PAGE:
I believe there are many lessons here to be learned. Please allow me to point out some of them. Here’s the first one:


You cannot venture far without assuming some risk.

I would never have gotten the results without assuming the risks of purchasing the business. Borrowing all the money necessary for acquiring the business and the fleet upgrades, and assuming the responsibilities for the employees and the clients and services offered.

The freedom and let’s not forget the extra money I earned, would not have come to me without accepting the risks associated with it all. Likewise so, with the discomfort and disruption it all meant for me as a person.

To gain more, requires you to venture outside your comfort zone and do something you have never done before.


Debts are good, when they are linked to something that can bring you greater results than you could without it and can help you create more value than the debt and its burden.

I have gotten myself into debts many times. The worst kind of debt is the debt that is associated with buying just liabilities. This is when we buy a car or even sometimes our home. This is when the money is splashed on something that represent just spending or when what we buy something that typically can only depreciate.

The good debts are debts we acquire in order to make way for something that has a good chance of producing more value. In the above case, such as purchasing a business with which you create more value and more money coming in, so that over time the debts can be paid off again, or the new money can be utilized to create even more growth or more value in the business or elsewhere.

There’s good debt and there’s bad debt.

Successful businessman and author, Robert Kiyosaki, explains this best in his book “Rich Dad, Poor Dad”, which I highly recommend you read, if you haven’t already.

One of my young mentors, Dan Henry, reminded me recently that (paraphrasing): “You cannot go up, without first going down”.

He sells among other things high ticket online training courses and coaching programs, and his price range for his products, course and coaching ranges currently upwards $55,000, with even higher priced offers to come soon for sure.

Very often, his clients will have to go into debt in order to pay for his course or coaching. Debt on a credit card or via some other means.

This is an extension of natural laws, that states; if you want to go up, you’ll first have to go down. If you want the value of the insights from someone who has gone before you, you’ll have to down in your cash to acquire it. If you wish to build a skyscraper, you’ll have to first go down into the ground with pilings, typically of steel or reinforced concrete that go many meters down.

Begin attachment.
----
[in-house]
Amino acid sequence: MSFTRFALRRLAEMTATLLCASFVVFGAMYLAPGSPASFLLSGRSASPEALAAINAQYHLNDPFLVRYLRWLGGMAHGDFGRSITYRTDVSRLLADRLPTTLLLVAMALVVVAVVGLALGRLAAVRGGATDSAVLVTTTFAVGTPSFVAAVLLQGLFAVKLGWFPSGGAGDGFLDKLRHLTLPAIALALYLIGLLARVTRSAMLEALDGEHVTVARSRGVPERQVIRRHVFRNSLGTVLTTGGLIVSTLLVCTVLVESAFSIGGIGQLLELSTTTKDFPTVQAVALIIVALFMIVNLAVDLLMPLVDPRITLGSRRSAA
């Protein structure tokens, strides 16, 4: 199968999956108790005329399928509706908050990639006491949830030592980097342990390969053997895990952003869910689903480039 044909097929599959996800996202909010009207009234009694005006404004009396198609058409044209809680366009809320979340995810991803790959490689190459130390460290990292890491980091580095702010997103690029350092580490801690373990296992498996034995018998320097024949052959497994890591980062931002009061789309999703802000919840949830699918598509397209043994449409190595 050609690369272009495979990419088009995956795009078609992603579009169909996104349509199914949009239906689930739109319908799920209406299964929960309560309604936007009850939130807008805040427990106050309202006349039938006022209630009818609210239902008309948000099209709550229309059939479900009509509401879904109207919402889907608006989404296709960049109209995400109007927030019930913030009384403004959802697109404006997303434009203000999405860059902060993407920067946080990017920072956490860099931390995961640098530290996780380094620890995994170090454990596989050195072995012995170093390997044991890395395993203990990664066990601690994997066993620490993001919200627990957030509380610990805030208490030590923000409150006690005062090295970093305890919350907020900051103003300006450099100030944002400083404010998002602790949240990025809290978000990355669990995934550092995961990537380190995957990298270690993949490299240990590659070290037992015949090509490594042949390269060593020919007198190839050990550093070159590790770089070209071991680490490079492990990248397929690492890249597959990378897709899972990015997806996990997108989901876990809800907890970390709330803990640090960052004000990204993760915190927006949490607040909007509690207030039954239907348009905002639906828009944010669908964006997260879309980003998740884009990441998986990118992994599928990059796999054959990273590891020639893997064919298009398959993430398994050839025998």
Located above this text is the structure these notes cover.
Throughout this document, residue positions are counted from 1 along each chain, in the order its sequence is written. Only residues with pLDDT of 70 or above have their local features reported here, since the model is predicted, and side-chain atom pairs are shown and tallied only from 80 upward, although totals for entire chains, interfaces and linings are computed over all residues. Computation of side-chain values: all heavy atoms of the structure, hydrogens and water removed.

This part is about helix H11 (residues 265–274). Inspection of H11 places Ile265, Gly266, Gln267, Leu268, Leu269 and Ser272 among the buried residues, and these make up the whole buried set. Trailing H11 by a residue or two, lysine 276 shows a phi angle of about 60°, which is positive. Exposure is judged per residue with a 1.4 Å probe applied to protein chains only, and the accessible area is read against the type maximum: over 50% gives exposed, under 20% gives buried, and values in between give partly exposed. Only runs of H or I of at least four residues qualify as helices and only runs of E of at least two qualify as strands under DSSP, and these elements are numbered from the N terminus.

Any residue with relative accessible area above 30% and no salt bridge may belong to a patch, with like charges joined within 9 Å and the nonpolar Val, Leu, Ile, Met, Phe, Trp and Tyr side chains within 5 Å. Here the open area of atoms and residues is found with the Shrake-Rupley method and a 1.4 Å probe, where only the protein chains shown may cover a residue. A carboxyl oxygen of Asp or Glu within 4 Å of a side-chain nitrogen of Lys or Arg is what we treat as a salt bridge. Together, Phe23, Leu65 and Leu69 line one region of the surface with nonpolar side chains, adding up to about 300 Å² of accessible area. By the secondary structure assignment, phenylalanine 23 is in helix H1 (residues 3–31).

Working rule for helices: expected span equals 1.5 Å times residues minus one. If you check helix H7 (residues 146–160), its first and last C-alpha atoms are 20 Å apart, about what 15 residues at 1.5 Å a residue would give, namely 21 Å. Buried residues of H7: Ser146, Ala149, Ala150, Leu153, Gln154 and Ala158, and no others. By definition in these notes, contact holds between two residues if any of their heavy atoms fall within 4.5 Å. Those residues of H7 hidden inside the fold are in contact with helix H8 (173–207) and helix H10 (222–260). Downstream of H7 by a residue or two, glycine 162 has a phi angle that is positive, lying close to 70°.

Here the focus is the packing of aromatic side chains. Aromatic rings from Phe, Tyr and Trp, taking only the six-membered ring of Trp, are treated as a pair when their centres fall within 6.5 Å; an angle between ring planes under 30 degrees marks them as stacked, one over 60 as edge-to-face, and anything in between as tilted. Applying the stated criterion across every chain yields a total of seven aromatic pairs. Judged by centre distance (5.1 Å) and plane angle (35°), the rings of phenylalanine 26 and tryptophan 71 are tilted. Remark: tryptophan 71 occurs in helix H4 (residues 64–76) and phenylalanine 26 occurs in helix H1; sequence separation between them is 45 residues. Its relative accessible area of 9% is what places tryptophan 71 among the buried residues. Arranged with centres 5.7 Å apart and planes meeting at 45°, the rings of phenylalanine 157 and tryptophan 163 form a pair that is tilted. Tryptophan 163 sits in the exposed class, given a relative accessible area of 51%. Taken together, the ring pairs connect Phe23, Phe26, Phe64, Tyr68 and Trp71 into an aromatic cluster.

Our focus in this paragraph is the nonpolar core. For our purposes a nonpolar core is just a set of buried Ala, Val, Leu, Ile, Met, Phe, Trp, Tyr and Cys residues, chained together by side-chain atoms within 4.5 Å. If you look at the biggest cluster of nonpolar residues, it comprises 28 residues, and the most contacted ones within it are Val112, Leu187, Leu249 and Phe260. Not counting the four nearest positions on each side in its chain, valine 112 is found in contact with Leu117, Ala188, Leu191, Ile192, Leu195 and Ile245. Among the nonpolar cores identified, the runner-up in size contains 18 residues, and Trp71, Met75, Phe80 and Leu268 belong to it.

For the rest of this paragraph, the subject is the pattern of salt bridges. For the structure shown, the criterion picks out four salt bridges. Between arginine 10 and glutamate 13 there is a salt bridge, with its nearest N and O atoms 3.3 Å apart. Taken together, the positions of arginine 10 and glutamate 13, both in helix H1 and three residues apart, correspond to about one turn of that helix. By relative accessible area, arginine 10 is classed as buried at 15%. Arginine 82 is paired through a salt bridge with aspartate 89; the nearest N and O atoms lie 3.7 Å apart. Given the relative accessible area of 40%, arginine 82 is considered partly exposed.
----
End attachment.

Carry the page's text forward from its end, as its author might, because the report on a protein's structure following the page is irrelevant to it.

But most people are scared of doing so. They will have to succumb to living their current life and lifestyle probably forever and will have to accept that most of their dreams probably won’t ever materialize either.

You must be willing to invest in yourself.


The above also demonstrates that when things look terribly bleak and your back is up against the wall, you probably still have a chance to turn things around, and

Sometimes the best thing is for you to start anew.

This entire series of posts that I’m presenting here on is all about that. How you can turn the most distressed business around. Can it save all businesses?

For sure: “No!!”

Some businesses are too far beyond a path of no return, and the better course of action is to kill it off entirely as quickly as you possibly can. Some businesses also probably shouldn’t be wasted more time or energy on, but that is a subject for another time and we may well revisit that later on.

But most businesses carry the livelihoods of the business owners and their families as well as the livelihoods of employees and their families. A lot of history, blood, sweat and tears have gone into them, and a lot of them can be saved and things can once again become successes.

I have to admit that I have personally gotten surprised just how many of the extremely poorly performing businesses I have witnessed and helped, could find a way out of their misery and return back to healthier financials again. a lot of them relatively quickly too.

Some of the businesses I saw, I could quickly recognize as being “easy” to turn around. But many of the businesses I saw, took a few days, before I saw a glimpse of light and hope. Surely and steadily we would turn things around, but yeah sometimes we would have to dig a little deeper to find our solutions.


Over the course of this series of posts, I will share with you my insights, including many secrets of the Top Business Turn-Around Agents and how they do it. I hope, you’ll follow along as I extend my personal invitation to do so.

If you wish to learn more about me and what I do, you can find more information on my website


(This story is a continuance and part of a series describing real life like existence of a top business turn-around agent. To be continued soon…)